The Wild Party (1975)
David Dukes: James Morrison
Kate : You gotta be philosophical about these things. I understand why my best friend would run off with Dale. I mean, everyone knows what kind of life she has with Jolly. It's no secret.
James Morrison : We've got to find them, Katie.
Kate : Aww, Jiminy...
[Kate crosses to the bed and puts her arms around Jim]
Kate : I understand. You've been stuck on her for years, plain as day. But hey, sometimes you win, and sometimes you lose. Like tonight. Okay, we both lost. But that doesn't mean a souple of losers aren't entitled to a little fun, right?
[She kisses Jim, he doesn't respond]
Kate : Okay loser. You win.
James Morrison : [narrating] The cast was assembled, all the actors: beggars and beauties and benefactors. Millionaires and zeroes; lovers, clowns, and heroes. Met on set. They rushed to their places in the grand salon, the curtain was rising, the show was on. Starring loners and owners of Babylon; phonies and cronies and hangers-on. The whole freeloading pantheon. The wheel was spinning, the course was charted. Comedy was beginning, and tradgedy had started.
James Morrison : Christ, what a crew. Take a look at Madeleine True. People flocked to the movies she made, loving the cutie-pie parts she played. She was every man's sweetheart, every woman's guide. Venus... and Adonis, which she never tried to hide. Men dreamed of a real-life wife like this adorable thespian.
[Madeleine makes her way over to two women and begins to dance with them]
James Morrison : Poor fools they.
James Morrison : The typical pair of minor movie producers stood engrossed, bewailing high production cost, each of which had suffered most. In twenty minutes each had lost the sum of 60 million dollars. After which they stood, panting, tragic-eyed, mopping at sadly wilted collars.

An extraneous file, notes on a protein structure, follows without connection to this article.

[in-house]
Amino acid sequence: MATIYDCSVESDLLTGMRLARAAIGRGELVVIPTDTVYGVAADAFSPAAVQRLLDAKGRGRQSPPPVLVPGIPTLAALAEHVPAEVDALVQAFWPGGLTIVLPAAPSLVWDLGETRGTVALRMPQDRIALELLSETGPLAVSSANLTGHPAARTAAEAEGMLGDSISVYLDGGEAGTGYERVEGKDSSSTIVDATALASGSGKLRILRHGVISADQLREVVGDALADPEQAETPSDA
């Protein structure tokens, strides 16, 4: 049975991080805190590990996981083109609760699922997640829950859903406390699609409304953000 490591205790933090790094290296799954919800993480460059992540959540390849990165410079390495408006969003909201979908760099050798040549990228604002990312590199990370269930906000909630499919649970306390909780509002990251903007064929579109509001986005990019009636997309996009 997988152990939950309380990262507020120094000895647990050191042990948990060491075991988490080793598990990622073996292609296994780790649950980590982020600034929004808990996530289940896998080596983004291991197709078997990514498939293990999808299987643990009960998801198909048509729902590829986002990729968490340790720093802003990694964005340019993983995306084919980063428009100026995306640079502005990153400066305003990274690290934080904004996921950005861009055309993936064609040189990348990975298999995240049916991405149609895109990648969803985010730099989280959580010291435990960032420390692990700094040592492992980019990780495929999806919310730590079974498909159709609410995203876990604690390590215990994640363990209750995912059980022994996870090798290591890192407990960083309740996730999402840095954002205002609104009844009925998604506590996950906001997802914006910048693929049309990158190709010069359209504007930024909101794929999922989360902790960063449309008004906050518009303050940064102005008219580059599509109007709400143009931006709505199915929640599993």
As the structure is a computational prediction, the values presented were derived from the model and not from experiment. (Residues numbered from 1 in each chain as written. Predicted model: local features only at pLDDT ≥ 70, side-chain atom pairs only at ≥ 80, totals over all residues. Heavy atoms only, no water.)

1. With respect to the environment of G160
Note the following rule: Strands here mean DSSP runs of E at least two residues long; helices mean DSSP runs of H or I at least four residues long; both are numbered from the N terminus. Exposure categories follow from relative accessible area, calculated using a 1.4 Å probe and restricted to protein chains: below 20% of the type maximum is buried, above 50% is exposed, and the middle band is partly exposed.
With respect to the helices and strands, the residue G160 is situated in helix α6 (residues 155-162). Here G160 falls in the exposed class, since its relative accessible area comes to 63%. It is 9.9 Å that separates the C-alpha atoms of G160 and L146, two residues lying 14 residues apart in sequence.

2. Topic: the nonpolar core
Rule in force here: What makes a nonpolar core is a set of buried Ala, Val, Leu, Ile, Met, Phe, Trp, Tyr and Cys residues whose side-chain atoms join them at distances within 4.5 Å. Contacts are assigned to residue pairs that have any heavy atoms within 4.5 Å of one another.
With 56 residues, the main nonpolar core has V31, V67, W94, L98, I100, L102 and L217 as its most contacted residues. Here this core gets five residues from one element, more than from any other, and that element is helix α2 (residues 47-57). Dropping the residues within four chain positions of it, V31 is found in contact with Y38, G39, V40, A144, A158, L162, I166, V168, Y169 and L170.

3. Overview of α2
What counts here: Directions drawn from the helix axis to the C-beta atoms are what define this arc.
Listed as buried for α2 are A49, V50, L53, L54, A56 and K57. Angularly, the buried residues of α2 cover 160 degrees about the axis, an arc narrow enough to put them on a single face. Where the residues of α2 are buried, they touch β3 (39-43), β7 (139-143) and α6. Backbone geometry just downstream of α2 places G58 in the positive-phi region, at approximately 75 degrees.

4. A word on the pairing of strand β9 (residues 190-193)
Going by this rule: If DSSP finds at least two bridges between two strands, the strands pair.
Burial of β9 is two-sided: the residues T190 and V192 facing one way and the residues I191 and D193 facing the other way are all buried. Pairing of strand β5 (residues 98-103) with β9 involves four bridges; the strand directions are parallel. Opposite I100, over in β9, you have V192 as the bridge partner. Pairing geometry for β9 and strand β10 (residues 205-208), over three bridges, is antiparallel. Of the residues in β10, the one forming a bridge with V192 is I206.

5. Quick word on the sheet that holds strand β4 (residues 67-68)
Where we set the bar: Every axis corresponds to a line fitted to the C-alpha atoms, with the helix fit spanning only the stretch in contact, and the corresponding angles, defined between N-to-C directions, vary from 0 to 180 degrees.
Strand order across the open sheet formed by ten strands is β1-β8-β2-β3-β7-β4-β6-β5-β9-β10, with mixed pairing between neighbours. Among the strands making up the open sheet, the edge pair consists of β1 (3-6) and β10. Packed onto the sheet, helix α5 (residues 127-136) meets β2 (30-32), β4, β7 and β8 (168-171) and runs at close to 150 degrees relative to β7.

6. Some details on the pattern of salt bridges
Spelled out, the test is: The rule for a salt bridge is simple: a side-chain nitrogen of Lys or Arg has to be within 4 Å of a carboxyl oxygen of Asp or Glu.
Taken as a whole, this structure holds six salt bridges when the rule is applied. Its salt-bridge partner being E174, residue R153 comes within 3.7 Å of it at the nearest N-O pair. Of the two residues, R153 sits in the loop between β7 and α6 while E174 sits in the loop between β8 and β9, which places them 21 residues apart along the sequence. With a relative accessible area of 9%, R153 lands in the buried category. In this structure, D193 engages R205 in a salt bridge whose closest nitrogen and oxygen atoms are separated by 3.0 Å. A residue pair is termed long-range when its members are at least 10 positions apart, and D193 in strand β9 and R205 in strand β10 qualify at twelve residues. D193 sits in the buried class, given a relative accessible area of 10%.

James Morrison : Then Jackie, perfect of form and face. In his veins flowed the blood of more than one race. He left a subtle trail of scent, floating behind him as he went. An Apache dancer, with a special act, New York or Paris, his house was packed. He'd brought marijuana for all to puff, and later he'd bring out the stronger stuff. Cocaine, morphine, Turkish hash... all the makings of a proper bash.
James Morrison : Poor Bertha. Now Jackie's ex-partner in dance. He'd tossed her around on his last tour of France 'till she fractured a leg, now she walks with a limp. But she still works for Jack. She's his whore, he's her pimp.
[Dale is leading Queenie out to the garden to dance, James catches Queenie and pulls her aside]
Dale Sword : For God's sakes, Queenie, you're asking for trouble, don't you know that?
Queenie : [She places her finger on his mouth] Oh hush, honey, Queenie knows what she's doing.
Dale Sword : She's got my name in her little book for this dance, old man. You can have the next one.
James Morrison : I just want to talk to her.
Dale Sword : My God, look at the glint in his eye! En garde, monsieur! En garde!
James Morrison : They were there for kicks, or bucks, or laughter... but Queenie, what was Queenie after?
James Morrison : Eddie Mangione, here with Grace. A muscular stuntman, with a brutish face. Good-natured, if sober, and gentle enough. But watch if you crossed him, he could get rough.
James Morrison : Behold the Brother's D'Armano, otherwise known as Oscar and Phil. They sang, they played the piano, they lisped, their voices were shrill. They reeked of powder, rouge, pomade, piano wasn't all they played. They gave new meaning to the concept of, the old-fashioned virtue of brotherly love.
James Morrison : [narrating as Jolly and Queenie make their entrance down the main stairway] As they made their exhibition, did I feel something, a premonition? Poor beast, with fair beauty by his side. Fragile hope strangled by jealous pride?